Effect of Globalisation

Rather than companies having to choose between globalisation or patriotism, why can’t they choose both? It has been proven, time and time again, that globalisation always benefits a country’s economy. Wealth is not a zero-sum game where one country’s loss is another country’s gain. If going offshore means becoming more economically productive and, in turn, producing better services and products, aren’t companies doing more good than harm?

What can you, as a business, do?

If the ethics of offshoring concerns you or your local employees, the best way to deal with it is to communicate with them. Your employees may wonder if the offshore team will eventually replace them, and rumours may fill the void if you don’t talk to them about it. Instead, be honest.

Ensure that your local team is aware of the long-term plans for your business, the roles and responsibilities of your offshore team, and what that means for everyone involved in the development processes. This way, you won’t face any ethical implications in the long run.

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The ethics of wages

Other ethics of offshoring arguments are surrounded by engineers’ wages in countries like India surround other ethics of offshoring arguments. Because you can hire developers at a fraction of the cost compared to the West, businesses sometimes worry that maybe engineers aren’t being paid enough because they are either not as good or because the quality of work delivered is substandard.

However, their payroll is significantly cheaper because of India’s lower cost of living. For instance, consumer prices in the UK are over 219% higher than in India. Even groceries in the UK are priced 124% higher than in India. So, even if an offshore software development company in India can hire developers for anywhere between 25-40 €/hour, their disposable income is relatively high.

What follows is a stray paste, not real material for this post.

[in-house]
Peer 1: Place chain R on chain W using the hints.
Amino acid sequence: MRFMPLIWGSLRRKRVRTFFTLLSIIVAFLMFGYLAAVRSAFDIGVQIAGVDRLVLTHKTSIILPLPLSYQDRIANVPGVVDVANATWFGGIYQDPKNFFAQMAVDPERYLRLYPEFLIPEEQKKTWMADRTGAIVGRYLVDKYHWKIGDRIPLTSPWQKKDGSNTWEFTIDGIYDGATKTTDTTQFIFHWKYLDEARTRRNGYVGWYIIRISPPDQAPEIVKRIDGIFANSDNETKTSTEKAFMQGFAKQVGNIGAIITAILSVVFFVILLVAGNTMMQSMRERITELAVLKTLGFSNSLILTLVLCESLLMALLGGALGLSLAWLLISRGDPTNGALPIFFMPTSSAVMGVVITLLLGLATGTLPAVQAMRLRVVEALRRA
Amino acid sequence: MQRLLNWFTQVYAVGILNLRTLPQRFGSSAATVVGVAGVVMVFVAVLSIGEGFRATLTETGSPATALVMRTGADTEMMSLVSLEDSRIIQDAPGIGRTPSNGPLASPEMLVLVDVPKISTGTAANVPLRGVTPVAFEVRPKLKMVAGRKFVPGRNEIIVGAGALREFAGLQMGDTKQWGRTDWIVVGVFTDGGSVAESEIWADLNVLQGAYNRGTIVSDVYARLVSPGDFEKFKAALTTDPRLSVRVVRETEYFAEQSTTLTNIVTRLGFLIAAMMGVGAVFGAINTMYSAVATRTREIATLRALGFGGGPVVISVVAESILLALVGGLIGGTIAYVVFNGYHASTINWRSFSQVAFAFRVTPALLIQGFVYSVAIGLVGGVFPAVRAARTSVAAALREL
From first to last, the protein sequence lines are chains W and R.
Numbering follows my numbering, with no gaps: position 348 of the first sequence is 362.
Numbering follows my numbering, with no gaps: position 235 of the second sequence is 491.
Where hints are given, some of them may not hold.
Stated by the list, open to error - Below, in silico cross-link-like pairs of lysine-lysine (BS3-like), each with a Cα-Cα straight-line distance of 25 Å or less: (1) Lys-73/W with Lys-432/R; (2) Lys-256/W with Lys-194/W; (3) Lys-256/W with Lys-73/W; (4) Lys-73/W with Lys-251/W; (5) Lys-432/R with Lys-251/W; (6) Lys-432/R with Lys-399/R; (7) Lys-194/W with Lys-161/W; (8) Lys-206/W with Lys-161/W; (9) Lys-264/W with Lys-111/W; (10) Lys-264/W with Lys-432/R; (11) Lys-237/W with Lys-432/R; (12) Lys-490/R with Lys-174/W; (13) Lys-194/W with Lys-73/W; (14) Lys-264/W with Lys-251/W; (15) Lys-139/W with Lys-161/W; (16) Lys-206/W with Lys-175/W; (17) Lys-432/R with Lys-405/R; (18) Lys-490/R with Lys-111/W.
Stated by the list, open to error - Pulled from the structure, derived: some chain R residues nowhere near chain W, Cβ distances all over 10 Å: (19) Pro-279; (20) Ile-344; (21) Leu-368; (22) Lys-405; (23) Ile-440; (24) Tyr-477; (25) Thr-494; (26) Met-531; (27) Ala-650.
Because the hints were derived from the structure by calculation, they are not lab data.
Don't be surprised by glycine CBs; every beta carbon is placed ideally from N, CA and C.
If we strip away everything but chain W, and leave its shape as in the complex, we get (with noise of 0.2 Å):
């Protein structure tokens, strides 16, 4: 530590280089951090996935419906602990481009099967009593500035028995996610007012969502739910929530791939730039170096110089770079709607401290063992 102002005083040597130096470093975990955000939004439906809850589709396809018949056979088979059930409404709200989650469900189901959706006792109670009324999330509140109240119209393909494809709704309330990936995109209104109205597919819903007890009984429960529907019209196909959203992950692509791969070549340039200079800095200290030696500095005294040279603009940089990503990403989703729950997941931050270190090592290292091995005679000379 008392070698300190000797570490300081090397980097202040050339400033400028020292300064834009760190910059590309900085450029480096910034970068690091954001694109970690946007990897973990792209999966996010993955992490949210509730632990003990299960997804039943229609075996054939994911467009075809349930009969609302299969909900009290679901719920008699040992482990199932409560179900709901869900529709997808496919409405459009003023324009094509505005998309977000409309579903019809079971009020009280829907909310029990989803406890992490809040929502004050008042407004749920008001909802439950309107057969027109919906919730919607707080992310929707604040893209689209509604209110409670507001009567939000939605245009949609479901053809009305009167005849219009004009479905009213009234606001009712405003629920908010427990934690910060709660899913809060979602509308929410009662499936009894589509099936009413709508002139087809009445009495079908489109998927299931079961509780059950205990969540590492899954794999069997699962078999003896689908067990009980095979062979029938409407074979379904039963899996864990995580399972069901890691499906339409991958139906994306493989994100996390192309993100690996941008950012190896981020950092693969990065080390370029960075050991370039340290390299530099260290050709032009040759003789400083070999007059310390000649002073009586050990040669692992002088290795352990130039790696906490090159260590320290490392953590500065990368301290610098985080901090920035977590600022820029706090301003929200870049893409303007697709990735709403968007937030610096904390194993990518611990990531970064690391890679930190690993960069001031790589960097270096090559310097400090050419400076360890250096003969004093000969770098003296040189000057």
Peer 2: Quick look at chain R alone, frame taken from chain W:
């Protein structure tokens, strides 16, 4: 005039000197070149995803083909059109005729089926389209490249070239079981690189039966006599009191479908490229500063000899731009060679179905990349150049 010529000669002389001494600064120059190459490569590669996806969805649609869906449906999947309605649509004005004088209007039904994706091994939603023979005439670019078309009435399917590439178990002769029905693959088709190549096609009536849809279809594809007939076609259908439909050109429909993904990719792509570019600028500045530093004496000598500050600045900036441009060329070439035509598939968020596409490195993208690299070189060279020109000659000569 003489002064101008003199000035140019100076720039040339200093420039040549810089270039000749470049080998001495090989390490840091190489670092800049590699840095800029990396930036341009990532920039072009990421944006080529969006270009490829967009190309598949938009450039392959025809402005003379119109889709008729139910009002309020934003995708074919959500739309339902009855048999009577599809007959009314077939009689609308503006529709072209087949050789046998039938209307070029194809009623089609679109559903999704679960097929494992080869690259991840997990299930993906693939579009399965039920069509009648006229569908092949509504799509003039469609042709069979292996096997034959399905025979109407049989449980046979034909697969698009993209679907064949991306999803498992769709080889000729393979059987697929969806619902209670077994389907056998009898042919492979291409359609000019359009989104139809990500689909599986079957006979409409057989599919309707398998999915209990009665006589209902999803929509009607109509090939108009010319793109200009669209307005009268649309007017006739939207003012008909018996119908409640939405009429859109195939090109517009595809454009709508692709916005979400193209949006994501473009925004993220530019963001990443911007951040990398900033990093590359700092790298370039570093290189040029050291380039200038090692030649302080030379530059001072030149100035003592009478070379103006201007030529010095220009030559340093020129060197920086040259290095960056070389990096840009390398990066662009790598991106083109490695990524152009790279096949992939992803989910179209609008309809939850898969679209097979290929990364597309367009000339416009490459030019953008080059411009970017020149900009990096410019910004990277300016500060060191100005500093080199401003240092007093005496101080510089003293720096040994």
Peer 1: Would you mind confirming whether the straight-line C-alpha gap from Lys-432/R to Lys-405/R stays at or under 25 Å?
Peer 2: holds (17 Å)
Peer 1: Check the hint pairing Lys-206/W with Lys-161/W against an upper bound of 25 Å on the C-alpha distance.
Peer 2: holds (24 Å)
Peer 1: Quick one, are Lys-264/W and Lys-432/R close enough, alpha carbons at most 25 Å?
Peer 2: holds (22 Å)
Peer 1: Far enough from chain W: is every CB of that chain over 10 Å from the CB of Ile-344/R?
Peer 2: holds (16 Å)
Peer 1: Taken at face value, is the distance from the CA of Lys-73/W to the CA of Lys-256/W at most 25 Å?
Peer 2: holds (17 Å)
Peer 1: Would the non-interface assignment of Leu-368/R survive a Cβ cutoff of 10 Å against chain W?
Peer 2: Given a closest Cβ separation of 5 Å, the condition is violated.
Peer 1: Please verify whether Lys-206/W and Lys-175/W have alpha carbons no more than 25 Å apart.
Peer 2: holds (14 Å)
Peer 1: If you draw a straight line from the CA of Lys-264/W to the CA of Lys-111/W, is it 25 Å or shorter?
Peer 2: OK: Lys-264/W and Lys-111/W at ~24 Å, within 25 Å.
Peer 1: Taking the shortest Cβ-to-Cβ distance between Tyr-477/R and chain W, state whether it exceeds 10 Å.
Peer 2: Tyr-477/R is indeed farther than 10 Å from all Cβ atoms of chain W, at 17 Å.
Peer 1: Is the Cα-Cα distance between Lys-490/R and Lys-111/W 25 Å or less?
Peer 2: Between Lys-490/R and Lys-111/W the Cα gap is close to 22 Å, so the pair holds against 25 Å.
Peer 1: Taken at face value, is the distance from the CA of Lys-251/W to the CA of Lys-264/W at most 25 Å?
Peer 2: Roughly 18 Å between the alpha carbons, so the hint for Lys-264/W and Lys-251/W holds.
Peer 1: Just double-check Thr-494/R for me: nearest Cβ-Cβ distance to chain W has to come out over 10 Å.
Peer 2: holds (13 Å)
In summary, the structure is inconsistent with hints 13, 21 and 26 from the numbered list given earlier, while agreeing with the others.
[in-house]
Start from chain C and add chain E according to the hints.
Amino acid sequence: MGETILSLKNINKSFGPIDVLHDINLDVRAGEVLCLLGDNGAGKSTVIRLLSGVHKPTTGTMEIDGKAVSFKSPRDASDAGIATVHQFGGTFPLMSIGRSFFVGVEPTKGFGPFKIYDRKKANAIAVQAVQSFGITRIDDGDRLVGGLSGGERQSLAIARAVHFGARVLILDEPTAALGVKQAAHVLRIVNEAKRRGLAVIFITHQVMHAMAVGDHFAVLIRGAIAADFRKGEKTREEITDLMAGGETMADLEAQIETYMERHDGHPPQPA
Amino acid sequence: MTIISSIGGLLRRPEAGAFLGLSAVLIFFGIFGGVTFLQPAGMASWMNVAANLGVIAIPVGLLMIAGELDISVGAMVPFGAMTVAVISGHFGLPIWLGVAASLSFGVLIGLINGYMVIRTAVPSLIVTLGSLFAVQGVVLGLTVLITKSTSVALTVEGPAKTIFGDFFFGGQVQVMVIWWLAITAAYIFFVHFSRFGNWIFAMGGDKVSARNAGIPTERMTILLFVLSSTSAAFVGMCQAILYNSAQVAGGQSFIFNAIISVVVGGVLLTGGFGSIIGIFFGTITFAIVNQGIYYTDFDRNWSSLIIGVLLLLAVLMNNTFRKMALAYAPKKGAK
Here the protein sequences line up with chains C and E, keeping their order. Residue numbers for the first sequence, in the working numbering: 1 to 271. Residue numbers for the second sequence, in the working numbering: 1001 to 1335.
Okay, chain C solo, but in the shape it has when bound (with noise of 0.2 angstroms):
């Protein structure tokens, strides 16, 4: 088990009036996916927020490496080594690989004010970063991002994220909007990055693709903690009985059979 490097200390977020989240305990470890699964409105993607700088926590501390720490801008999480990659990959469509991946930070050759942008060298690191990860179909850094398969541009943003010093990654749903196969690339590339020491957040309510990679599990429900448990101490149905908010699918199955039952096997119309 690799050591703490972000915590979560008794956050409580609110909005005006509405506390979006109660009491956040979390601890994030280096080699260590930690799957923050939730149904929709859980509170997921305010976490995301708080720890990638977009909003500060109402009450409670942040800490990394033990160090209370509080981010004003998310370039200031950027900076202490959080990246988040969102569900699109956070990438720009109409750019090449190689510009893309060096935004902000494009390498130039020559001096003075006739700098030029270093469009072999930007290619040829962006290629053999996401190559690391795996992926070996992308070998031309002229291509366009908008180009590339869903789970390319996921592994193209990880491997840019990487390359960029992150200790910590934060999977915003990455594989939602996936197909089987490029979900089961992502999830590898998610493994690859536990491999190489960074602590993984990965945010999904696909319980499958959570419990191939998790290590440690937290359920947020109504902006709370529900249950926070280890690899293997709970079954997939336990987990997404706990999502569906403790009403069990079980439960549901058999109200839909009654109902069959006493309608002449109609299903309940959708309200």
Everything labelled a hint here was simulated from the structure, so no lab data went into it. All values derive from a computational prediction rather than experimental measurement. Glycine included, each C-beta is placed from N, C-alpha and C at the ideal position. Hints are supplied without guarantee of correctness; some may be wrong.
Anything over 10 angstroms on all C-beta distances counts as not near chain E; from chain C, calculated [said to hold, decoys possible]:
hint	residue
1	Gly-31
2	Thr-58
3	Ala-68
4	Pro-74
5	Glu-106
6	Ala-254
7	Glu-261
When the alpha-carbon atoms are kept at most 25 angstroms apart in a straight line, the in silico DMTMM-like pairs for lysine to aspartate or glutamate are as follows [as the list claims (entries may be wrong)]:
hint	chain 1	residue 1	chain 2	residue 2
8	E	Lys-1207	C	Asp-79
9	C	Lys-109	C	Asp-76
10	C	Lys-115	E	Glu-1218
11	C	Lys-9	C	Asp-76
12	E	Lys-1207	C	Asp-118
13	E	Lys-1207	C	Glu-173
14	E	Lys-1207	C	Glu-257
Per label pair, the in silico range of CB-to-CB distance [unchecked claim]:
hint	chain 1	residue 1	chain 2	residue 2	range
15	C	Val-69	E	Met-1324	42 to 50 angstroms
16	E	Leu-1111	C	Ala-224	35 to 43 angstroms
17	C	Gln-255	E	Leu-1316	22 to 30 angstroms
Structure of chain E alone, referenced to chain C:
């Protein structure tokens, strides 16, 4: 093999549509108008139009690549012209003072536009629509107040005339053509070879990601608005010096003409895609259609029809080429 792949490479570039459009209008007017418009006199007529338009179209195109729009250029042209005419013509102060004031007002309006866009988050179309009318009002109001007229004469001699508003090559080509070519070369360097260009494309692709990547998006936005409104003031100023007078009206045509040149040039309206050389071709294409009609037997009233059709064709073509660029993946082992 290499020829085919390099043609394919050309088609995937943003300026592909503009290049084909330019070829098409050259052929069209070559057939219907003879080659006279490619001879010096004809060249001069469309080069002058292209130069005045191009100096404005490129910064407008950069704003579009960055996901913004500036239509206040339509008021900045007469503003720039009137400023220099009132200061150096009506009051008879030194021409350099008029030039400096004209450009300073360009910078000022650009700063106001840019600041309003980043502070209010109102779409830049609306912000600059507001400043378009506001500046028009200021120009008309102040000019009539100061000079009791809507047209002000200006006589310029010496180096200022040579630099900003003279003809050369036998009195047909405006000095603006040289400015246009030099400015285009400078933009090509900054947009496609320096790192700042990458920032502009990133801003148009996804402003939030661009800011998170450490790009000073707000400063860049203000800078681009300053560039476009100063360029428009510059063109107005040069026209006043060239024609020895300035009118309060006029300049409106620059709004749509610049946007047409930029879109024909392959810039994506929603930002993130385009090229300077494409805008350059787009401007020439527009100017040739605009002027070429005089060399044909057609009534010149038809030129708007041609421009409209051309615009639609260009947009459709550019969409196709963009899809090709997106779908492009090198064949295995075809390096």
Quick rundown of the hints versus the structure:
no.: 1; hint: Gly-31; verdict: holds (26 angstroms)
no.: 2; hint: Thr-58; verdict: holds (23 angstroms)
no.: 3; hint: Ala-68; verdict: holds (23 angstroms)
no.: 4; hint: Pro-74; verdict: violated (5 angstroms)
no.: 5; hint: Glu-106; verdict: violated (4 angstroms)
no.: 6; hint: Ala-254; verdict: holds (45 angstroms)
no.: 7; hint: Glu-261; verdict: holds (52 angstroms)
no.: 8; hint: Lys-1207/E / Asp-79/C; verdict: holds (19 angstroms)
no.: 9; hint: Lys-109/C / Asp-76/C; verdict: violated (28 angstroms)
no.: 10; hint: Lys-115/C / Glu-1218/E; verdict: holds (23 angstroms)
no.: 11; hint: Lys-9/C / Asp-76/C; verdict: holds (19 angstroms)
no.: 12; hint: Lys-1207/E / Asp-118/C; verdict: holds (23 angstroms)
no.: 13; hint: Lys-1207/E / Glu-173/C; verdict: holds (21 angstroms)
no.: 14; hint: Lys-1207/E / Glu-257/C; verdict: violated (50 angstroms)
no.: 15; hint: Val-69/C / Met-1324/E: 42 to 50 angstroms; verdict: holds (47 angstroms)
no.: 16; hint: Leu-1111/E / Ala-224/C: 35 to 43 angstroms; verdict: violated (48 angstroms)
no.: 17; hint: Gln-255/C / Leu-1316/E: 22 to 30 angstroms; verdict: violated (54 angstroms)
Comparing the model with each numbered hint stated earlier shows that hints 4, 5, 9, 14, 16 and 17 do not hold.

This means they are paid well, and businesses are not hiring cheaper labour and compromising quality. High prices don’t always mean high quality. By choosing the right offshore development company, you can gain access to developers who add value to your business without breaking the bank.

Cost of Living Index

In summary

Today, the ethics of offshoring highlight its evolution from exploiting cheap labour to accessing global talent.

It emphasises dispelling misconceptions, fostering economic benefits, and transparent employee communication. Ethical offshoring ensures a positive integration of global talent for responsible and inclusive business growth.

Offshoring is driven by the need for access to large talent pools and cost-effective operations, addressing shortages in engineering talent in the West and the demand for cost competitiveness.
Concerns about working conditions in offshore development, particularly regarding software quality, are often unfounded, as countries like India produce many talented and dedicated engineers.
Modern offshore workspaces prioritise employee well-being, dispelling the notion of poor working conditions in developing countries.
Offshoring does not necessarily lead to job loss in the local market; it enables companies to scale quickly without compromising quality, benefiting both the global and local economies.
Open communication with local employees about long-term business plans and the roles of offshore teams helps address ethical concerns and fosters a positive work environment.

If you want to learn more about how offshoring can work for your business, please contact us by filling out the contact form below. One of our senior executives will get back to you shortly!